BREAKING NEWS: HHS Releases Final Exchange Regulations

Under the long-awaited final rules released this week, and in an apparent effort to generate interest and spread the word, insurance brokers and third-party administrators (TPAs) (a) will be allowed to direct people to state insurance exchanges and (b) will be allowed to check to see whether the individual is qualified for tax credits.

That means a possible new business model for brokers and other companies looking to set up an access point to the exchanges. What’s more, the federal government will not regulate how these entities guide people into the exchanges’ charge-and-collect fees, as those relationships are regulated at the state level. Note: At least two states–Virginia and Pennsylvania–were already contemplating such arrangements.

States are essentially expected to build their exchanges from scratch, and have been eagerly anticipating (even clamoring) for these “rules of the road” before investing heavily in any type of infrastructure. 

HHS’s latest publication lays out several functions, which include: certifying qualified health plans;[1] operating a website for comparing plans; running a toll-free hotline for consumer support; providing grants to “navigators”[2] for consumer assistance; determining eligibility of consumers for enrollment; calculating how much government aid (if any) for which each household is eligible; etc. The rule also outlines the eligibility standards employers must meet to participate in the Small Business Health Options Program (SHOP).[3] 

The administration was quick to point out that the final rule differed slightly from its interim guidance. Most notably, insurers and other industry representatives will now get to fill as many as half of the seats on the governing boards, a move likely to seriously disappoint consumer advocates.

If a state is not ready to implement an exchange by the Jan. 1, 2014 start date, the law requires the federal government to step in. (Meanwhile, this round of instructions fails to explain exactly how it would do so.) The Obama administration’s request for $800 million to operate the federal exchange has received a frosty reception from congressional Republicans.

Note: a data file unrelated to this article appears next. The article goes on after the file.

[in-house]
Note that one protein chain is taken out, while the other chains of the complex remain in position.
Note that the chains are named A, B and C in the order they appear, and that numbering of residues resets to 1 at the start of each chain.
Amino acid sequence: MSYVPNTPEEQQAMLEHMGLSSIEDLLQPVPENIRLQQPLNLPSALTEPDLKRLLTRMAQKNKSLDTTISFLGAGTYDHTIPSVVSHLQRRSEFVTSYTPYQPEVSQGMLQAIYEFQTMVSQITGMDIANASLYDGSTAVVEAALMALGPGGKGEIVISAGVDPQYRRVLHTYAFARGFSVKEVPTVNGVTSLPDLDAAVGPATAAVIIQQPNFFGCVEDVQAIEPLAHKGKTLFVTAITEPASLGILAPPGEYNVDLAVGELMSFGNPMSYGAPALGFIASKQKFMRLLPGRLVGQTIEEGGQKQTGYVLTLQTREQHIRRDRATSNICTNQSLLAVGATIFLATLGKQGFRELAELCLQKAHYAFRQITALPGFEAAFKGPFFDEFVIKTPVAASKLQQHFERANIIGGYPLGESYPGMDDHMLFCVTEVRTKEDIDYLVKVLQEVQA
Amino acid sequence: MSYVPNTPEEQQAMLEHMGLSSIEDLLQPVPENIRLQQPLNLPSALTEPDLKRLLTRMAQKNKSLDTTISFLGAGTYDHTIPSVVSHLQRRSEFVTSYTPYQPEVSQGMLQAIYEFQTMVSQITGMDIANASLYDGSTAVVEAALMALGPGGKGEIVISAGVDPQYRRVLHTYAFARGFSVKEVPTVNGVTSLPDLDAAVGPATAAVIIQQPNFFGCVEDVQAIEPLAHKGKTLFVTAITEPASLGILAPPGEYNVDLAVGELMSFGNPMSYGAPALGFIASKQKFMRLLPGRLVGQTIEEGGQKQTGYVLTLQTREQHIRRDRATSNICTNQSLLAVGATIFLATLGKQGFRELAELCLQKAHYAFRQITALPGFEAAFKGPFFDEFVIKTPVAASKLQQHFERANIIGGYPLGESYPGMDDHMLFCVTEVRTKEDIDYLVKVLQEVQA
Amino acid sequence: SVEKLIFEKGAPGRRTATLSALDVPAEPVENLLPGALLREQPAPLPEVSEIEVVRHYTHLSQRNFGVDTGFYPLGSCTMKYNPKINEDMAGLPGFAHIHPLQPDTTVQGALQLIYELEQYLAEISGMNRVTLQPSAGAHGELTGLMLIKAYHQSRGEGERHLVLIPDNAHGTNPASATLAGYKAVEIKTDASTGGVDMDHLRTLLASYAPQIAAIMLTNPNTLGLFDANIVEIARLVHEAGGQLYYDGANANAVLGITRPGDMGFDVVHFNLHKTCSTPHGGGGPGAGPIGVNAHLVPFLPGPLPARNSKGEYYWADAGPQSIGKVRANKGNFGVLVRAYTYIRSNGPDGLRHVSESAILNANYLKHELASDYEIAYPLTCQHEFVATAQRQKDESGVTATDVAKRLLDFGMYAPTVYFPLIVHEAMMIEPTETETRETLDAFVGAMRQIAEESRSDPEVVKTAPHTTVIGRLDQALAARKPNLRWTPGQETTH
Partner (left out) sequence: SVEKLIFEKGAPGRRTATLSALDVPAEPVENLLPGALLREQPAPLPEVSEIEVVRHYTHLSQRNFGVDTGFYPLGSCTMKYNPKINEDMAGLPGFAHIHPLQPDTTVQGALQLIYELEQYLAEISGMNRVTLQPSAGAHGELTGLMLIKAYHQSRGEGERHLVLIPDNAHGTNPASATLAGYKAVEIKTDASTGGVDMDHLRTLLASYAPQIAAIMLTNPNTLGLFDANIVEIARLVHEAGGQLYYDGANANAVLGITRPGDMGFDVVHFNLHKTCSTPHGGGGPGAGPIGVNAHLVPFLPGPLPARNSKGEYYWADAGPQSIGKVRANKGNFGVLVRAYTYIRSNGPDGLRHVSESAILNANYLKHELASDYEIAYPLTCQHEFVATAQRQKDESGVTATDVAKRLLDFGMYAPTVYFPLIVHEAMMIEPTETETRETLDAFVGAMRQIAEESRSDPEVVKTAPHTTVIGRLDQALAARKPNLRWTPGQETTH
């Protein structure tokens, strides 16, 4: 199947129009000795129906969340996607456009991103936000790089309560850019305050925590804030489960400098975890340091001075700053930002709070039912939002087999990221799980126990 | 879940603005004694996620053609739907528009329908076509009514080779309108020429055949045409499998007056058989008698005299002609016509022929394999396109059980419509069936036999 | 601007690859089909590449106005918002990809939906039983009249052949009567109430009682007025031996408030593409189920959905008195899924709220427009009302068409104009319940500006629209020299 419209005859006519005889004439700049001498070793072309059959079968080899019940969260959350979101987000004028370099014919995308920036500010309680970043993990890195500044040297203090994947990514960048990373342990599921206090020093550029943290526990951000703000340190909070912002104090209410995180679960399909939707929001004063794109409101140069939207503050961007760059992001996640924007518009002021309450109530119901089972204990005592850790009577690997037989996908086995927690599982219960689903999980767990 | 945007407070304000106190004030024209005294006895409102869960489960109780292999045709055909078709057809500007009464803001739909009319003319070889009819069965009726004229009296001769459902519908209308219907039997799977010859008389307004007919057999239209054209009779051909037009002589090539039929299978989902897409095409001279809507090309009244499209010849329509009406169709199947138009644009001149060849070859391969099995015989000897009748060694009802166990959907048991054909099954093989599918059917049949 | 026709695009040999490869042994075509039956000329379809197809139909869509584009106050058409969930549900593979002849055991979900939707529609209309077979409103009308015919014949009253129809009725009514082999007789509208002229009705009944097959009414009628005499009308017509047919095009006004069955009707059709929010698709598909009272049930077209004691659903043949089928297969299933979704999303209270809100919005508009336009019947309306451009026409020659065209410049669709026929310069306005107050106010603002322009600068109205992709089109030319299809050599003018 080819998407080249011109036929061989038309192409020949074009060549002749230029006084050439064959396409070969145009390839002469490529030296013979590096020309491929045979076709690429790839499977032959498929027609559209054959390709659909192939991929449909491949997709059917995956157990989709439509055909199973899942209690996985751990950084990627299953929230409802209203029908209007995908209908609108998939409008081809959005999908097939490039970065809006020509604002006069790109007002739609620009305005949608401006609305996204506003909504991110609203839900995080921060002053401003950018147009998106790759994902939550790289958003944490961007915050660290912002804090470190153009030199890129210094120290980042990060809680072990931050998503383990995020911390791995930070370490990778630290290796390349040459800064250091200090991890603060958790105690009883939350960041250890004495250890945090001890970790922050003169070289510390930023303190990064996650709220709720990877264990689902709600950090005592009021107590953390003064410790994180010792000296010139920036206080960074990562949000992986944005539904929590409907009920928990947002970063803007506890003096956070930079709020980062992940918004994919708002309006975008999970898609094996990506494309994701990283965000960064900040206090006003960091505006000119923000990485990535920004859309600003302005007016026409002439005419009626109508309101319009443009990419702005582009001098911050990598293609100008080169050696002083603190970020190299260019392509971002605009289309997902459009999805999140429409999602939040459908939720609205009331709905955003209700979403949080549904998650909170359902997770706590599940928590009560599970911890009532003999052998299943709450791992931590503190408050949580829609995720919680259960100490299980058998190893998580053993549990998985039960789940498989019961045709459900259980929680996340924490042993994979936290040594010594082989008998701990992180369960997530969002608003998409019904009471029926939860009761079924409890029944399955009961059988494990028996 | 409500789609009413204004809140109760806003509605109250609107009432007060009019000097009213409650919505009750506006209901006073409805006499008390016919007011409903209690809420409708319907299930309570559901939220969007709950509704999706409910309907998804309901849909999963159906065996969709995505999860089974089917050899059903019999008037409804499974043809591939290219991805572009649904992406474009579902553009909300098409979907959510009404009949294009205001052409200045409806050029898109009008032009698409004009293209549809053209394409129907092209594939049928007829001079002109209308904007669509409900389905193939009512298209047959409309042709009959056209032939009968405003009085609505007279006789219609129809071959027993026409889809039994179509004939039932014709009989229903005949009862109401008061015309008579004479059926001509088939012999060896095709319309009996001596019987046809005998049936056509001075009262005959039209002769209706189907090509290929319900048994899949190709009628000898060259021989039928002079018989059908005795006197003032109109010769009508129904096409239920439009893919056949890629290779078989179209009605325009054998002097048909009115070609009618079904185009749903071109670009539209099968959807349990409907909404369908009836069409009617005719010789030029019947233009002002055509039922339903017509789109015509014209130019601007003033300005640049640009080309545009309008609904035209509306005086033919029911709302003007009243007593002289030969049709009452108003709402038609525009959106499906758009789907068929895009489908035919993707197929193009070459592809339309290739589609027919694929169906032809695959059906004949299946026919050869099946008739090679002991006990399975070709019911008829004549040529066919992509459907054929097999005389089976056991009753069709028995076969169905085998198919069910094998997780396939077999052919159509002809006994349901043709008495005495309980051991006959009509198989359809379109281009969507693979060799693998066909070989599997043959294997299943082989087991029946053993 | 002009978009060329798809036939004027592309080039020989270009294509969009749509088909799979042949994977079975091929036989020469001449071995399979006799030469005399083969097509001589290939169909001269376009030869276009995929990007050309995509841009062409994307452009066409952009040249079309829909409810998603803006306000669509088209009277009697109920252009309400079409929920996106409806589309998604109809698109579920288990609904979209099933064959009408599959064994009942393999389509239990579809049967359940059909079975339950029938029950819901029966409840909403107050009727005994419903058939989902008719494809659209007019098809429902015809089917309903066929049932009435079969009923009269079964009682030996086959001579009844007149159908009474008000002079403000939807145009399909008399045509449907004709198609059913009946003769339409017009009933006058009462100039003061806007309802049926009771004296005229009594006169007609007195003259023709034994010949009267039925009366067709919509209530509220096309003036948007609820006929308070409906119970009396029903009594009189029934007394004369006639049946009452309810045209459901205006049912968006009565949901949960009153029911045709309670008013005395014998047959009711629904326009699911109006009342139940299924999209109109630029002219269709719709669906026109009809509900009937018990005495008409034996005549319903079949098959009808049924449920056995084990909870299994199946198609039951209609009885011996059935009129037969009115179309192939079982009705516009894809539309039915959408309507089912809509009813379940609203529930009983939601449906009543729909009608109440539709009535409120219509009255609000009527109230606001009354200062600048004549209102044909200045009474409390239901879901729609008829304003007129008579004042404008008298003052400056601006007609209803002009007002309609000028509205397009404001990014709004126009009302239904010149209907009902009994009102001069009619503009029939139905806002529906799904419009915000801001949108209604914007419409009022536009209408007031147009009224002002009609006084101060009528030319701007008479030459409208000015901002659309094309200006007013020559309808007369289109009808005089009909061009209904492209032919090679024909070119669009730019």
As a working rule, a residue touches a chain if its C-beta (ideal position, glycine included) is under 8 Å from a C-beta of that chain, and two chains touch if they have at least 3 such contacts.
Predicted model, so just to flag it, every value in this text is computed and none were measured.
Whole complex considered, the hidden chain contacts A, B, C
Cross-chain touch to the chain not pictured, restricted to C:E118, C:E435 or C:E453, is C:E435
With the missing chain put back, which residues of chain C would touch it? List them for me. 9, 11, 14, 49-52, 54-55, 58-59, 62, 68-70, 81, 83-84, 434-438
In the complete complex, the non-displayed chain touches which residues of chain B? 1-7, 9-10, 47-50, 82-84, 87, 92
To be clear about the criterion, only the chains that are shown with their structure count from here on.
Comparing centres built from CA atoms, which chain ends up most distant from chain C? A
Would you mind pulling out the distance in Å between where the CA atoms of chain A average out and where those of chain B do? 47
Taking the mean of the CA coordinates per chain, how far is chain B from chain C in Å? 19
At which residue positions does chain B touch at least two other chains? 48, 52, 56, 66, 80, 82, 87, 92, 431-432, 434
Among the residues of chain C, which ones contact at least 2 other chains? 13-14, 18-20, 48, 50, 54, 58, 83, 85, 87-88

Due to the mere fact that insurance companies will soon be vying for business on a level playing field, it’s assumed that the increased competition will drive down costs and give individuals and small businesses the same purchasing power already enjoyed by big business today.

TASC Governmental Affairs will continue to scan the 644 page document in order to fully understand its impact on our services and our customers. Rest assured, once potential opportunities and/or threats are identified, we will report back in depth. Stay tuned!


[1] State exchanges will determine the number and type of plans that are made available, as well as the minimum standards that health insurers must meet to participate in an exchange.
[2] Navigators are entities charged to assist individuals and small businesses in finding coverage, conducting outreach, providing education, etc.  States can choose at least two navigator organizations, one of which must be a community or consumer focused nonprofit.
[3] Starting in 2014, small employers purchasing coverage through a SHOP Exchange may be eligible for a tax credit of up to 50% if they have 25 or fewer employees, pay an average annual wage of less than $50,000, offer coverage, and pay at least 50% of the premium.  States can set the size of the small group market at either 1 to 50 or 1 to 100 employees.

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